WASHINGTON (Reuters) – Saudi diplomats, Sikh separatists and Indian business executives have been among those targeted by a group of hired hackers, according to research published on Wednesday by software firm BlackBerry Corp. The report on the group, known publicly as Bahamut, the name assigned to the mythical sea monster of Arab lore, highlights how cybersecurity researchers are increasingly finding evidence of mercenaries online.
BlackBerry’s vice president of research, Eric Milam, said the diversity of Bahamut’s activities was such that he assumed it was working for a range of different clients.
“There’s too many different things going on across too many different ranges and too many different verticals that it would be a single state,” Milam said ahead of the report’s release.
In June, Reuters reported on how an obscure Indian IT firm called BellTroX offered its hacking services to help clients spy on more than 10,000 email accounts over seven years, including targeting prominent American investors.
BlackBerry – which absorbed antivirus firm Cylance in 2019 – stitched together digital clues left by other researchers over the years to create a picture of a sophisticated group of hackers. BlackBerry also linked the group to mobile phone applications in the Apple and Google app stores. Those apps, which included a fitness tracker and password manager, may have helped the hackers track their targets, the report said.
Apple declined to comment on the record. Two of the apps flagged by Blackberry are no longer in the Apple App Store though. A Google spokesman said all the apps in the Google Play Store mentioned in the report had been removed.
Milam declined to comment on who he thought might be behind Bahamut, but he said he hoped the report would help to sharpen the focus on hackers-for-hire. Taha Karim, the chief executive of Emirati cybersecurity company tephracore – who wasn’t involved in BlackBerry’s research but reviewed the report ahead of publication – said the findings were credible and “they found links that aren’t obvious.”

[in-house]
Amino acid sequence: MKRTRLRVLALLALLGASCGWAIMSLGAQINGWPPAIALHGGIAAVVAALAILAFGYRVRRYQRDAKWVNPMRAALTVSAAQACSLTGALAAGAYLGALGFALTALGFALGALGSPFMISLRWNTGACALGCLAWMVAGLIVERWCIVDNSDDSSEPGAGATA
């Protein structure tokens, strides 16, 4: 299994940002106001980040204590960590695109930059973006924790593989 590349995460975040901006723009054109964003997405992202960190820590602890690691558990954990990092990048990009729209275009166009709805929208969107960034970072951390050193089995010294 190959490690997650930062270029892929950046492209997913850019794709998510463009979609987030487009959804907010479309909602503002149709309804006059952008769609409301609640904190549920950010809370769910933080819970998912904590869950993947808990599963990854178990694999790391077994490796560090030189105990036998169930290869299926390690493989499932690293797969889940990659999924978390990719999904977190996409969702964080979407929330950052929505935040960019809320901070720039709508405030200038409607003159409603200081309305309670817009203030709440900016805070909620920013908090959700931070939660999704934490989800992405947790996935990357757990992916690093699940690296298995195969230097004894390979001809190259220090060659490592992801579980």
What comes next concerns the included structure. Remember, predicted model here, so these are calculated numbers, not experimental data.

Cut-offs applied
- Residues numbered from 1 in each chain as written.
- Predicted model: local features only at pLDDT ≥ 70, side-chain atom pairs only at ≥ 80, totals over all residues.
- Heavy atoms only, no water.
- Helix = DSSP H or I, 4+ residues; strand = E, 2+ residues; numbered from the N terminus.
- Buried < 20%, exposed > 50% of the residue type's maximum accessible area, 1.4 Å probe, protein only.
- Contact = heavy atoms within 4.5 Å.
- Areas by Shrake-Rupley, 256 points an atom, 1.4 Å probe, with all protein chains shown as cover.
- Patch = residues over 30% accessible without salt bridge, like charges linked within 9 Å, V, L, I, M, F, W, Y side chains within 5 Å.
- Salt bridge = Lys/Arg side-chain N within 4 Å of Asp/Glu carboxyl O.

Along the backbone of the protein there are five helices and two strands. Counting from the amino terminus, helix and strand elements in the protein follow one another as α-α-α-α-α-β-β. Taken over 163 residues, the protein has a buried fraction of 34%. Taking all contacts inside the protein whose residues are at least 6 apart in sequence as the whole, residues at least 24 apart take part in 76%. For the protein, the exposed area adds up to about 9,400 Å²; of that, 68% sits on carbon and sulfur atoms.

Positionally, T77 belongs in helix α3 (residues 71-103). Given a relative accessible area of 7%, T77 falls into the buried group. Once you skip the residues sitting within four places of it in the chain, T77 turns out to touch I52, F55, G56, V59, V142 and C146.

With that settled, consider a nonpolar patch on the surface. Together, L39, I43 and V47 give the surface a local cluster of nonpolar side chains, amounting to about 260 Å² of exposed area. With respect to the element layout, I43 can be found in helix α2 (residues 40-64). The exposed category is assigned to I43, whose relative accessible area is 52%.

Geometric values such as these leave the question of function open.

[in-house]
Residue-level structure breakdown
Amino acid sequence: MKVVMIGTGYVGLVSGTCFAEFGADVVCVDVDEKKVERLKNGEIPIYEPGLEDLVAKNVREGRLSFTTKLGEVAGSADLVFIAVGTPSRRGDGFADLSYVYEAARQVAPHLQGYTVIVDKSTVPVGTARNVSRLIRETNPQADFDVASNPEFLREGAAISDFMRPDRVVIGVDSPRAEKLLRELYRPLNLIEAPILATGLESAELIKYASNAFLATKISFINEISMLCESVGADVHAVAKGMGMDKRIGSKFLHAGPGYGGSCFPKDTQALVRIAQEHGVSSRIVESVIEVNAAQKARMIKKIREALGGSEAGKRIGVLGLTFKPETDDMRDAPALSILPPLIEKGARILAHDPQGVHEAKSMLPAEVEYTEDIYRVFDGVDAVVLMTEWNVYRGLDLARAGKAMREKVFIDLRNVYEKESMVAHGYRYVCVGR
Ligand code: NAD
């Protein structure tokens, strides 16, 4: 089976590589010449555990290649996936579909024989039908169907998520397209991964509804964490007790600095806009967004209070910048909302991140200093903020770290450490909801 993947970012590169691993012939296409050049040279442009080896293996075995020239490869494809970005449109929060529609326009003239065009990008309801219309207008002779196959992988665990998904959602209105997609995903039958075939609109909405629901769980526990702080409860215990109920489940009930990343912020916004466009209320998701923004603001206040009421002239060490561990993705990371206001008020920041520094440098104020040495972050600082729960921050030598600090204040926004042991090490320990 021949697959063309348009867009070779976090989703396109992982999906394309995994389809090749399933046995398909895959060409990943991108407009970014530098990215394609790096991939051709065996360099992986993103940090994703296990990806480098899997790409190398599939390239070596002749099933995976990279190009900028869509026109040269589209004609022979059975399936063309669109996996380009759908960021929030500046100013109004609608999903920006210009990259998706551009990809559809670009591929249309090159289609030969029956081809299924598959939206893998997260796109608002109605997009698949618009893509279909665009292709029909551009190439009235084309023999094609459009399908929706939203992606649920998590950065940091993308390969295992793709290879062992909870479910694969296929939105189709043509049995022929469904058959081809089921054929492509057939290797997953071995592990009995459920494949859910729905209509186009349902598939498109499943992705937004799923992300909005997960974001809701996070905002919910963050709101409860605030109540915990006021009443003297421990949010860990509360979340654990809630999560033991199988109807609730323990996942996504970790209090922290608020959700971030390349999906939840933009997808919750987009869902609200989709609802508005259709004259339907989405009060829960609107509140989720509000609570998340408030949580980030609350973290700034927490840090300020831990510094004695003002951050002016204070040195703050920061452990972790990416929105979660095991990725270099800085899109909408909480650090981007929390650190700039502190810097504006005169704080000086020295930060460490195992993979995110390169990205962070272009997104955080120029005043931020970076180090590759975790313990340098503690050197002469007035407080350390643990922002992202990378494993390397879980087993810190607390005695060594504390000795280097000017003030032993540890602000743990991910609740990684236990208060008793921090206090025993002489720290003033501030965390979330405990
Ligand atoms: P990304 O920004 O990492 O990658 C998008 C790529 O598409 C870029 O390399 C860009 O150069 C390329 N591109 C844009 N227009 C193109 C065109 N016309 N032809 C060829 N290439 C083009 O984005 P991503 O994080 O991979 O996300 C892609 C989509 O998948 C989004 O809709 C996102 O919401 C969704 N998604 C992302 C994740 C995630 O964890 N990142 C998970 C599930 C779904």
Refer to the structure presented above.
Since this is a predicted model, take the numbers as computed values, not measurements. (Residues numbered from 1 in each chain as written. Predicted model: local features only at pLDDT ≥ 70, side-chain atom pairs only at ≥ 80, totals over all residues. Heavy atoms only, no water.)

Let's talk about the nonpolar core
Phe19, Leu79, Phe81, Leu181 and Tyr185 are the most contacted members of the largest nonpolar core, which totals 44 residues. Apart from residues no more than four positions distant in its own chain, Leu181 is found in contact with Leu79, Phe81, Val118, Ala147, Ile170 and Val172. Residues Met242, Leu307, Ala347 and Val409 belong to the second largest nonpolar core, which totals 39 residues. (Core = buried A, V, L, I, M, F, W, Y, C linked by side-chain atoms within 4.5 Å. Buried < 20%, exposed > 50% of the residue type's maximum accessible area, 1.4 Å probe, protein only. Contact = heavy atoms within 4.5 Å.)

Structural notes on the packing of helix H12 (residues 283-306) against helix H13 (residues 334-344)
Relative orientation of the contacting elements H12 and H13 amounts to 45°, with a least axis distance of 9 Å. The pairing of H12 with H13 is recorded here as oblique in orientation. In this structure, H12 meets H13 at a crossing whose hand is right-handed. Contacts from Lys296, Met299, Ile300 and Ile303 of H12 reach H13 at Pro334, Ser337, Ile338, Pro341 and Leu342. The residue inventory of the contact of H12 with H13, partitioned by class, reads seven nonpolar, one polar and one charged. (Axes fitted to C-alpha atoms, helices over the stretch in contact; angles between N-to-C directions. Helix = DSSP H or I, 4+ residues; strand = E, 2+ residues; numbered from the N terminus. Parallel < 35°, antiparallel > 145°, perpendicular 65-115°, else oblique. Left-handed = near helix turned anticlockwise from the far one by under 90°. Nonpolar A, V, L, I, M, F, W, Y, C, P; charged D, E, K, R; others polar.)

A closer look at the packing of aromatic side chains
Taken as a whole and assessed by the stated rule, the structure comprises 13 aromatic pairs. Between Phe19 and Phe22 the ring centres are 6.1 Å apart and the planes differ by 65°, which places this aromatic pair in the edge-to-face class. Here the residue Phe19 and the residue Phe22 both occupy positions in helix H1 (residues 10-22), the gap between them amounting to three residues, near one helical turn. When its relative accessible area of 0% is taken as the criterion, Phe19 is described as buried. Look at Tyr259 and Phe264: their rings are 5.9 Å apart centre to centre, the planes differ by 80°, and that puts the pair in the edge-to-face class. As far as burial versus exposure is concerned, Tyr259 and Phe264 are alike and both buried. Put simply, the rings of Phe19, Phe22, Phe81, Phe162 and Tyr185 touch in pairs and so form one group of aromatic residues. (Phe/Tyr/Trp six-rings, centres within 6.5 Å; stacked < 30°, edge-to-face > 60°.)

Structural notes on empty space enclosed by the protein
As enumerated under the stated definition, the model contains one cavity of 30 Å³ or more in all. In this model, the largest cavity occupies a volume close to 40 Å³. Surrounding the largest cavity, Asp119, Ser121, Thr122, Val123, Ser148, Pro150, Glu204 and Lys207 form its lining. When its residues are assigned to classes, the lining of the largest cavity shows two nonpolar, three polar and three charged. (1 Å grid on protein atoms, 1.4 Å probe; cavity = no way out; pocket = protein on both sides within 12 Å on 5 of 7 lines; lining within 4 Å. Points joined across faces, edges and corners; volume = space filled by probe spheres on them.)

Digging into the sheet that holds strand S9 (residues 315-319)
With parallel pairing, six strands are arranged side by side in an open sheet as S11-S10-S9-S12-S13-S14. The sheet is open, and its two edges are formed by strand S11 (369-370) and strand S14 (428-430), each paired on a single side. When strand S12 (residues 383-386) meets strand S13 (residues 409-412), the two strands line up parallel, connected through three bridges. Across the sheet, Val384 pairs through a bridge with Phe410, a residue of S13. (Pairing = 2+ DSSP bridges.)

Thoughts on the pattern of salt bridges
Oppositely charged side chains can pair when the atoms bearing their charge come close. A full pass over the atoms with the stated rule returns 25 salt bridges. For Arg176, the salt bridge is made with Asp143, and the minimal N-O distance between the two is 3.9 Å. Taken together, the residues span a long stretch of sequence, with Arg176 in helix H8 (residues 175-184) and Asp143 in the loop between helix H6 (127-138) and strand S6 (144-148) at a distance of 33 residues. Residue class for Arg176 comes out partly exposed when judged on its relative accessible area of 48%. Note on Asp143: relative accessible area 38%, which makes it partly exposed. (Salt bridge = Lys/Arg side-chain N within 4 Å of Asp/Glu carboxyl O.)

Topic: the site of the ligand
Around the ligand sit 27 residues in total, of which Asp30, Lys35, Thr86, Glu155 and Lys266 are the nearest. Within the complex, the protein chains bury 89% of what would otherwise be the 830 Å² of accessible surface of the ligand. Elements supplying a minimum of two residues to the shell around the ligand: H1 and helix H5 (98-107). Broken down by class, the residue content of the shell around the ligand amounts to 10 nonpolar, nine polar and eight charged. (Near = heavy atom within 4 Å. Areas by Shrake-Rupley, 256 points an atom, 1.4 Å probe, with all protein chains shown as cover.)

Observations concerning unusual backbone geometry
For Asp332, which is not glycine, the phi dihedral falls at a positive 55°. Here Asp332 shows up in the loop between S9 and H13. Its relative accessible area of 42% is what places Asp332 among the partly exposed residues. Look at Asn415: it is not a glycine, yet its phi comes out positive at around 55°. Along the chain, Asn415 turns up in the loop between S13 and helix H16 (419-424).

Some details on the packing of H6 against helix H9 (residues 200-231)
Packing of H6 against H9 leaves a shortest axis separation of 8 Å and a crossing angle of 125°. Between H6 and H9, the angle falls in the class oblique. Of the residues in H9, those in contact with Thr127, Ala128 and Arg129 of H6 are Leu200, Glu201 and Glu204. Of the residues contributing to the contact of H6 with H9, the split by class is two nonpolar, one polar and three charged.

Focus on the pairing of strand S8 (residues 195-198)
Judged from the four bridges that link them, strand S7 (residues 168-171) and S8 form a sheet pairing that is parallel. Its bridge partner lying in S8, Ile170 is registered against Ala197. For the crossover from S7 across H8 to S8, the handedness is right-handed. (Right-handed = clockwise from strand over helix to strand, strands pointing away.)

BlackBerry did not name any of Bahamut’s targets directly, but researchers have previously publicly identified Middle Eastern human rights activists, Pakistani military officials, and Gulf Arab businessmen as being in the group’s crosshairs. Reuters was also able to identify new targets by cross-referencing data published in BlackBerry’s report with boobytrapped webpages preserved by urlscan.io, a cybersecurity tool.
One heavily targeted organization included the New York-based Sikhs for Justice, a separatist group that’s campaigning for an independent homeland for Sikhs in India. Its founder, Gurpatwant Singh Pannun, said his campaign websites have been repeatedly hacked and his emails broken into. Others pursued by the hackers included: The United Arab Emirates’ Ministry of Defense, its Supreme Council for National Security, and Shaima Gargash, the Emirates’ No. 2 diplomat in Washington.
In an email, Gargash said the embassy had no comment.
Saudi officials were also targeted by the hackers. Cached phishing pages preserved by services such as urlscan and reviewed by Reuters showed that the cyber spies targeted Mawthouq, the Saudi government’s email service, half a dozen Saudi government ministries, and the Saudi Center for International Strategic Partnerships, a Riyadh-based body aimed at helping coordinate the petrostate’s foreign policy. The Saudi Embassy in Washington did not respond to requests for comment.
The hackers pursued royals and business executives in Bahrain, Kuwait, and Qatar. In August 2019 they attempted to compromise an employee of major Indian energy conglomerate Reliance Industries around the time that the company was negotiating the sale of a stake in its oil-to-chemicals business to Saudi Aramco.
Reliance did not return repeated messages. Attempts to reach the hackers were unsuccessful.
(Reporting by Raphael Satter and Christopher Bing in Washington; editing by Grant McCool)